Today the Washington Supreme Court hears arguments in King v. King, a case concerning the right to have court-appointed counsel in civil cases. Brenda Leone King was unrepresented in her divorce case and lost almost all custody of her children to her ex-husband, who had an attorney. She asked for a new trial, arguing that she should have had an attorney appointed for her. The superior court denied that request, and now the case is before the state Supreme Court. Should poor be appointed attorneys in civil cases?, Seattle Times, May 31, 2007; Should state pay for divorce lawyer?, Seattle P-I, May 30, 2007.
Amicus briefs have been filed by:
- the Washington State Bar Association. At its December meeting WSBA's Board of Governors adopted the recommendation of the amicus brief committee that it file a brief but not argue for a constitutional right to counsel in such cases.
- the National Coalition for a Civil Right to Counsel (see article about the coalition).
- the Washington State Attorney General Rob McKenna. The Times says that the AG opposes the right because of concerns about the financial impact on the state.
- Retired Washington State judges.
- the Washington State Legislatrue.
- Northwest Women's Law Center.
- the Washington State Association of Counties. The P-I says that the organization's position is that this is a matter better left to the legislature.
- a group of international human rights scholars. The motion for leave to file an amicus brief and the brief are available from Columbia Law School, Human Rights Institute, Bringing Human Rights Home Program. The brief was coauthored by Prof. Martha F. Davis (Northeastern) and Prof. Raven Lidman (Seattle University). The brief has a several-page table outlining the scope of the right to counsel for low-income civil litigants in European countries. The 16 professors listed in the motion are from around the country. In addition to Lidman, others from Washington are: Upendra D. Acharya (Gonzaga), George Critchlow (Gonzaga), Gwynne L. Skinner (Seattle U), Ronald C. Slye (Seattle U), Kristen A. Stilt (UW), and Mary Pat Treuthart (Gonzaga).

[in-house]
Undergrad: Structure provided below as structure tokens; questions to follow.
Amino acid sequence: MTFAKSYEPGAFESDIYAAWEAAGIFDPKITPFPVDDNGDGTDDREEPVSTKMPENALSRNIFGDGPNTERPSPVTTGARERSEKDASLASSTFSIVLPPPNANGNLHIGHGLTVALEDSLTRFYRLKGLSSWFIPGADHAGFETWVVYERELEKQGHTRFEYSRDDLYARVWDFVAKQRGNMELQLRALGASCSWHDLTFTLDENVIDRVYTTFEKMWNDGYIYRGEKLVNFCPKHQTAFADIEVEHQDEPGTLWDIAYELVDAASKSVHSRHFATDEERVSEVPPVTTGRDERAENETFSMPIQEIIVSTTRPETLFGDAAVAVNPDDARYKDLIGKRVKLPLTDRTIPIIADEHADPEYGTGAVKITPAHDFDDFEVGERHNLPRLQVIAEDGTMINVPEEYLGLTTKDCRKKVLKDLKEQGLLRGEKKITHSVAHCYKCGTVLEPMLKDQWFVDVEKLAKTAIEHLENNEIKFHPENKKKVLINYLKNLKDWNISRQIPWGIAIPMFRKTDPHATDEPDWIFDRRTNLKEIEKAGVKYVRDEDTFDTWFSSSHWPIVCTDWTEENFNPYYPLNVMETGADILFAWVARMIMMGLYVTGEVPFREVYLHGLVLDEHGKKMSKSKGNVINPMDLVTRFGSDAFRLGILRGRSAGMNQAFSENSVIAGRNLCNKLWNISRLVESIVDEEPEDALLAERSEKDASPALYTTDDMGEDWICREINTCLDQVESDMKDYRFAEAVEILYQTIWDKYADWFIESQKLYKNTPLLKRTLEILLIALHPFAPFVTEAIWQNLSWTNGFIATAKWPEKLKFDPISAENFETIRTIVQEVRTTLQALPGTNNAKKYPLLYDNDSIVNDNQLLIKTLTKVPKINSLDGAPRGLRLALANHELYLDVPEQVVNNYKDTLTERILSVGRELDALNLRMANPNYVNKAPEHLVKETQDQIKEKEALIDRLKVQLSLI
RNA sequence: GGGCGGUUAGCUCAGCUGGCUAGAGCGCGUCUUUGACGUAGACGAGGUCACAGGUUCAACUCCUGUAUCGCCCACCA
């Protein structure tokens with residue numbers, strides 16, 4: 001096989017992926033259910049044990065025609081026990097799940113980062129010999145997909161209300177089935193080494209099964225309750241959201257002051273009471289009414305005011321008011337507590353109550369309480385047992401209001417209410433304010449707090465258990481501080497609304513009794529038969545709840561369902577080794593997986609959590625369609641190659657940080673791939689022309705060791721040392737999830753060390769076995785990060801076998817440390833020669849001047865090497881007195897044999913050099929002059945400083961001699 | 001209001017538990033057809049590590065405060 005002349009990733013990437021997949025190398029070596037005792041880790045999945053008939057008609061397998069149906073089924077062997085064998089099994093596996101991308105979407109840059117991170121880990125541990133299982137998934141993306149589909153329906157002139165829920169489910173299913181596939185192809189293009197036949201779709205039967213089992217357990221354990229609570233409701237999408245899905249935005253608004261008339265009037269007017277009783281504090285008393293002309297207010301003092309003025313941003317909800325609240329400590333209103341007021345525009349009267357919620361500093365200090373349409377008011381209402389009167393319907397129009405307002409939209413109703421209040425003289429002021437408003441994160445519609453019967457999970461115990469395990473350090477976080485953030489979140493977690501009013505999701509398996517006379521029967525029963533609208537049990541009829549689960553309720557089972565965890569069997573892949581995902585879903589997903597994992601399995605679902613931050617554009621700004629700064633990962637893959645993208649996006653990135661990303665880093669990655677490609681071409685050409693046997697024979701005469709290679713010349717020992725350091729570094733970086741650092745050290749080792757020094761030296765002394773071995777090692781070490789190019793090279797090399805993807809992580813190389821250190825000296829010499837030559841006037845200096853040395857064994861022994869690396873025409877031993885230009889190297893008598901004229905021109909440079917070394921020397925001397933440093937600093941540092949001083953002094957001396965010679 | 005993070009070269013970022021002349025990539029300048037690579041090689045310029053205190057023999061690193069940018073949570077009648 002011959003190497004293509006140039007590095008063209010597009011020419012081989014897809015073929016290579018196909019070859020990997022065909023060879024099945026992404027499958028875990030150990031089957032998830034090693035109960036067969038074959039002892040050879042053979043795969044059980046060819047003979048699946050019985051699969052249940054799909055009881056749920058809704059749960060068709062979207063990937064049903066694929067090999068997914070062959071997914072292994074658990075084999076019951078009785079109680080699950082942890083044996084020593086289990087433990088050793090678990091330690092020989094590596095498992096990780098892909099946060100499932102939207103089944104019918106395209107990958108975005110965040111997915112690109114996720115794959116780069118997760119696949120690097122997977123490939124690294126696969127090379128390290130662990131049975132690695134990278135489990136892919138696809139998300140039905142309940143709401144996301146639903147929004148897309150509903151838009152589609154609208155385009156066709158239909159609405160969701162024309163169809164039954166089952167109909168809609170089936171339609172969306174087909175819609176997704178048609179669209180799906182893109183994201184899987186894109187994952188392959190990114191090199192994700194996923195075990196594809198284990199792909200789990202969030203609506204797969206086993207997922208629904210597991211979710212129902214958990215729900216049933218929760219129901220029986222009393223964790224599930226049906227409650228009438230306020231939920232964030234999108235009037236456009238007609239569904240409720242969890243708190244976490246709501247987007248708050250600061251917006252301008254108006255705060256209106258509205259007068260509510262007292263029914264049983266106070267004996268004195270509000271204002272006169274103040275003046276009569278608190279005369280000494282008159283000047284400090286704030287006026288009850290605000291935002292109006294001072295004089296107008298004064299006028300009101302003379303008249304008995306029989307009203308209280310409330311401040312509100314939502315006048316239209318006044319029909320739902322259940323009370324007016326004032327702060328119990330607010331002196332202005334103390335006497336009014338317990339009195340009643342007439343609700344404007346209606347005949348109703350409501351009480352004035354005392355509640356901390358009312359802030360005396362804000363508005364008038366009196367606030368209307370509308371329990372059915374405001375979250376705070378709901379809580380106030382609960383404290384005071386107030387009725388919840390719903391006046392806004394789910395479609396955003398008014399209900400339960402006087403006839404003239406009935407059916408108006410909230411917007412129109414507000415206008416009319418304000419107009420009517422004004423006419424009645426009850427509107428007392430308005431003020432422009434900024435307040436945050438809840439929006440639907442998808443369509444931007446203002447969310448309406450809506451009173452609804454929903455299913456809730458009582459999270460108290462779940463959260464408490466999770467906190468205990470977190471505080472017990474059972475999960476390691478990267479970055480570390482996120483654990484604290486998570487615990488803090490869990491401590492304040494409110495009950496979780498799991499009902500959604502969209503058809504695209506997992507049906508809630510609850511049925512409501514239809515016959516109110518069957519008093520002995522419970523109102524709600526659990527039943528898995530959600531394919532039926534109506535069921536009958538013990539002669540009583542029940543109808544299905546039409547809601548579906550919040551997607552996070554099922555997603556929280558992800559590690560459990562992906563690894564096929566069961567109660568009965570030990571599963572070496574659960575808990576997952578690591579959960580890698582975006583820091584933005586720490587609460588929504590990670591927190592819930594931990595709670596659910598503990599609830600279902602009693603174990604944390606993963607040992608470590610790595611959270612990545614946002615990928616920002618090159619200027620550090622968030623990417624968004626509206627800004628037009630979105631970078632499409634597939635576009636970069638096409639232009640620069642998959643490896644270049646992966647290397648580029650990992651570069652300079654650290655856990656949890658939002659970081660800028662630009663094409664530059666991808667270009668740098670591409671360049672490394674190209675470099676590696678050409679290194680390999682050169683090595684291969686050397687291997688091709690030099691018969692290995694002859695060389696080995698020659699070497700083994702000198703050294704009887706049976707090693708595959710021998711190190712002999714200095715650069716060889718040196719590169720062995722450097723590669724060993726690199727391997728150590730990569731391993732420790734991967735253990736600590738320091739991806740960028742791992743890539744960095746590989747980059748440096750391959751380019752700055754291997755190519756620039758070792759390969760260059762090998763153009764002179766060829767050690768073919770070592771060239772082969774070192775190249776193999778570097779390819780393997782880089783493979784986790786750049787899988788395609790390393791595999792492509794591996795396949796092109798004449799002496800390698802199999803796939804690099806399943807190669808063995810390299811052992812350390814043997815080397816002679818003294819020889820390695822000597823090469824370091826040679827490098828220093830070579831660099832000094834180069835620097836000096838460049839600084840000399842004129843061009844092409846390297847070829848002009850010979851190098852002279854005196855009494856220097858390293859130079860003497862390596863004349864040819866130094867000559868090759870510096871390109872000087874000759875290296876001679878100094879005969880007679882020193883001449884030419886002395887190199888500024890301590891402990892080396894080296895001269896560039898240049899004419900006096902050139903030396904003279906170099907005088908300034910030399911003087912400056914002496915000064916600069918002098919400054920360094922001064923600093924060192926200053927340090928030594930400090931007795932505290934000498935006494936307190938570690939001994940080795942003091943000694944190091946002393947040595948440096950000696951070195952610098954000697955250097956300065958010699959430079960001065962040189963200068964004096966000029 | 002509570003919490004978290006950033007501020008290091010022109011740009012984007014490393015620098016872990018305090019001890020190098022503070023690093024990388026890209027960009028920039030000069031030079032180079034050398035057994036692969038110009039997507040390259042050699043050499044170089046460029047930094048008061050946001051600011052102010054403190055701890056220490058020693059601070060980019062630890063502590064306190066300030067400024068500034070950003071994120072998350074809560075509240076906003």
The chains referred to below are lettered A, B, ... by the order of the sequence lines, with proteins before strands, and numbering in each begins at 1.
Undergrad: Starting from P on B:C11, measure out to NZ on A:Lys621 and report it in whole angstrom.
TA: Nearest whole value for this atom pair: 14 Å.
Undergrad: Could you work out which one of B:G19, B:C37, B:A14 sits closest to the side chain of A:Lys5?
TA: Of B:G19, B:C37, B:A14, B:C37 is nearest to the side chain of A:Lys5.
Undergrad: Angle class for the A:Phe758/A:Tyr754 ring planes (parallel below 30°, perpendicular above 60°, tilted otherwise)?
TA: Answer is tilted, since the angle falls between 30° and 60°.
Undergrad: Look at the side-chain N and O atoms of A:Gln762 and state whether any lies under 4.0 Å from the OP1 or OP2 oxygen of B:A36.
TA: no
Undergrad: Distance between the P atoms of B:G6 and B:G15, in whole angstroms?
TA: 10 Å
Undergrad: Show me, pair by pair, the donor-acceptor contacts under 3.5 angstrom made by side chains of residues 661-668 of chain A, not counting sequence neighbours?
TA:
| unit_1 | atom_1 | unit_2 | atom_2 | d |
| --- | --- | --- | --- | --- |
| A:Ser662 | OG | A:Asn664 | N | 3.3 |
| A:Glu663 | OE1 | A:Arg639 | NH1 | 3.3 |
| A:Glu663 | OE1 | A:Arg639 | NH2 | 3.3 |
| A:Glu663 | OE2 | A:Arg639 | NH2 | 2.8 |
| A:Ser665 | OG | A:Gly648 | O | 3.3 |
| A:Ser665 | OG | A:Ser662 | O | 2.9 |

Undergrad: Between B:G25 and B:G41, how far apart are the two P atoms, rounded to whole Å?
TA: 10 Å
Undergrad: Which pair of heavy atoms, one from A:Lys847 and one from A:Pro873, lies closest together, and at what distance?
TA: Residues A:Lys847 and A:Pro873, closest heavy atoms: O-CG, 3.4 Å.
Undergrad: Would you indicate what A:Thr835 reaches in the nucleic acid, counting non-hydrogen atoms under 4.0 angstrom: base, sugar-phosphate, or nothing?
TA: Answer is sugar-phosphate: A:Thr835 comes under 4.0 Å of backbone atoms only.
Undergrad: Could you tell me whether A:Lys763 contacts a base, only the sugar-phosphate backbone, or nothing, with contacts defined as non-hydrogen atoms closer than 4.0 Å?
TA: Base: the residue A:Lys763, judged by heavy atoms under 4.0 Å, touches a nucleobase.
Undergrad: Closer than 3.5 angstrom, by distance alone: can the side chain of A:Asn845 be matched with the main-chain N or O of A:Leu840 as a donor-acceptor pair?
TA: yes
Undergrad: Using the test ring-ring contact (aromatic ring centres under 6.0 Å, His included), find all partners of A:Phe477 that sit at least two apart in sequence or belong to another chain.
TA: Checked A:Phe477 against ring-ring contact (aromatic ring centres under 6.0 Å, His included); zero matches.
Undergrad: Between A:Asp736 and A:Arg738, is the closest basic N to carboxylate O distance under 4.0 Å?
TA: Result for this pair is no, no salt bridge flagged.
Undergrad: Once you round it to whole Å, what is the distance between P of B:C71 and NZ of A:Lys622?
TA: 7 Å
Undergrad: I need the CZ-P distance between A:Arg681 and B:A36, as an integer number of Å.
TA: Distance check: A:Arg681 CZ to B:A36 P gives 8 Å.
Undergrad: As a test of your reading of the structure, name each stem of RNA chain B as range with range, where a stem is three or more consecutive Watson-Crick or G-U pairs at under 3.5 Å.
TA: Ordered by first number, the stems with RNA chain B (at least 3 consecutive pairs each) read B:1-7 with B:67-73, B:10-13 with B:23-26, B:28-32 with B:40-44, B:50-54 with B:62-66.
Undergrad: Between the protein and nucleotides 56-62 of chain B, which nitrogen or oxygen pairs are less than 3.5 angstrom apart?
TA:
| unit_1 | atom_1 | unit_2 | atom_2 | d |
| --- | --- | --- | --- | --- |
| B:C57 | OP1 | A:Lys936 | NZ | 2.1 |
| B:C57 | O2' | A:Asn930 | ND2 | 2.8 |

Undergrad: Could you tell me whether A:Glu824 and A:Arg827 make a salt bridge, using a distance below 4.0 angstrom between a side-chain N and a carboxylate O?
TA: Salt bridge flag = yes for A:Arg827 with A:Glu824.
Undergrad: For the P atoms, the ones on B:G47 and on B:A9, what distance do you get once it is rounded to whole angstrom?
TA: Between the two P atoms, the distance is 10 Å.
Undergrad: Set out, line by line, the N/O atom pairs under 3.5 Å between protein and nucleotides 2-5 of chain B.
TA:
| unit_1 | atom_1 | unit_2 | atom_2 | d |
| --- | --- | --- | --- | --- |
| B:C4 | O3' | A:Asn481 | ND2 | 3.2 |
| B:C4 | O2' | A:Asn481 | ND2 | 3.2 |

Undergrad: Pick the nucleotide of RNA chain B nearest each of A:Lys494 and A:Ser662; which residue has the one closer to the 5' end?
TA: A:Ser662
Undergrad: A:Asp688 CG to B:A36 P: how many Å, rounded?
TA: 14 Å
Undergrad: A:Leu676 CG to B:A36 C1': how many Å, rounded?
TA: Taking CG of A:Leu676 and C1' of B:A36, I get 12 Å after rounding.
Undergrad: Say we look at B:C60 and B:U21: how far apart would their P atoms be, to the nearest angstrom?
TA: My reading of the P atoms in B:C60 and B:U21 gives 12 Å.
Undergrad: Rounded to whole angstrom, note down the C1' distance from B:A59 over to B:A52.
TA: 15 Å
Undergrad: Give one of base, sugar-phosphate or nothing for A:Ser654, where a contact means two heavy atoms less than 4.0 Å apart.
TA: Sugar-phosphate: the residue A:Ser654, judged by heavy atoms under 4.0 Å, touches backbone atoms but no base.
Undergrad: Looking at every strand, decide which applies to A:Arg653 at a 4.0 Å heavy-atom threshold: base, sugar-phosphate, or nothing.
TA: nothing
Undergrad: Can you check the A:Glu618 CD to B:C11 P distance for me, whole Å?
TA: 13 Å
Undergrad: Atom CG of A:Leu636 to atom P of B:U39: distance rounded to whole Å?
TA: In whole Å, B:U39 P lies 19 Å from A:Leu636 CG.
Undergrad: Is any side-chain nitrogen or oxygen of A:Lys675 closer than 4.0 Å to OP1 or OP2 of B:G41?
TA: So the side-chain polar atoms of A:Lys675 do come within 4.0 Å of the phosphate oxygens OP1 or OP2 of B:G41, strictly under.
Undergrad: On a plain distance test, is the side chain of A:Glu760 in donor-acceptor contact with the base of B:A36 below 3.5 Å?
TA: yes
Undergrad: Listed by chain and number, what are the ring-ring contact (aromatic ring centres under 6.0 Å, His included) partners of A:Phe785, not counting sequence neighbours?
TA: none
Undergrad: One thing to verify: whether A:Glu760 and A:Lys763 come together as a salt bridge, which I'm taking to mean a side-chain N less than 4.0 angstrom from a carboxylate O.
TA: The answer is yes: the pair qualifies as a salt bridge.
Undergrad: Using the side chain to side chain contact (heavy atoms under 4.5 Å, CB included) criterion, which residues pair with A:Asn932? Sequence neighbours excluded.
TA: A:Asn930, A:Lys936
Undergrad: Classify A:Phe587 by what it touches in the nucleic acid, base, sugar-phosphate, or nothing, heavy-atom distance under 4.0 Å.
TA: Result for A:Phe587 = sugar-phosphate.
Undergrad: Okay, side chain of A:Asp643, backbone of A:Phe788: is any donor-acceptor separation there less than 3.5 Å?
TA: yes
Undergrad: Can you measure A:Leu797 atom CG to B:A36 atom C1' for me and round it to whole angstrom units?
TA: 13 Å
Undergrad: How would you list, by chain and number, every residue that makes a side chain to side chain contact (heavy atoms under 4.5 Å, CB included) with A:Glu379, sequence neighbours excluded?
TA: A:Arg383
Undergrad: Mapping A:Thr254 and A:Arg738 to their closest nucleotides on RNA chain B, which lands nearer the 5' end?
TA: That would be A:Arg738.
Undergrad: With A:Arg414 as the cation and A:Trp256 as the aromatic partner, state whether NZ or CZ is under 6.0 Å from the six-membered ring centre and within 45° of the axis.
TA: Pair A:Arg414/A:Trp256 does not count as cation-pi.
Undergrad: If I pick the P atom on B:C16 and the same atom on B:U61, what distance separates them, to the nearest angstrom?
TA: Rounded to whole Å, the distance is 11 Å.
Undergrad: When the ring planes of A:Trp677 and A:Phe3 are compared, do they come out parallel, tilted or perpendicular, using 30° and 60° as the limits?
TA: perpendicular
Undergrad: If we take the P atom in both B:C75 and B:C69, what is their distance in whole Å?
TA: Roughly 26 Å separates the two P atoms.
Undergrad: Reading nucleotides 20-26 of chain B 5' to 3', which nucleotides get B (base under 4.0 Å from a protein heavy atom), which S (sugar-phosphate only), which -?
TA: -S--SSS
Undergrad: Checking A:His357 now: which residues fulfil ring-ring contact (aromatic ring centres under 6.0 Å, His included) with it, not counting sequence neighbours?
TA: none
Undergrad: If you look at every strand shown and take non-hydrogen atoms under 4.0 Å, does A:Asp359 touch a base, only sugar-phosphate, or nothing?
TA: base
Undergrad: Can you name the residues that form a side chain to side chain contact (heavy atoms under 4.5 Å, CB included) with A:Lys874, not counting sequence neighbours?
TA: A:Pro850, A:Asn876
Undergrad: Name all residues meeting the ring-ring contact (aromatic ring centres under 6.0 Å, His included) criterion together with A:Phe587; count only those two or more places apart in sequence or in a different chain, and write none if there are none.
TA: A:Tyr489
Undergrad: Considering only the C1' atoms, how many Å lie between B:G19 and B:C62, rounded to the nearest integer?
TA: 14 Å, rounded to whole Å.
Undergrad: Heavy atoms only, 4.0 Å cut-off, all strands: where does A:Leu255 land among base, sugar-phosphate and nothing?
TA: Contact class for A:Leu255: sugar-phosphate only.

All the briefs are available from the Sargent Shriver National Center for Poverty Law.
Michele Storms is moderating a panel on this topic at the Washington State Access to Justice Conference on Saturday.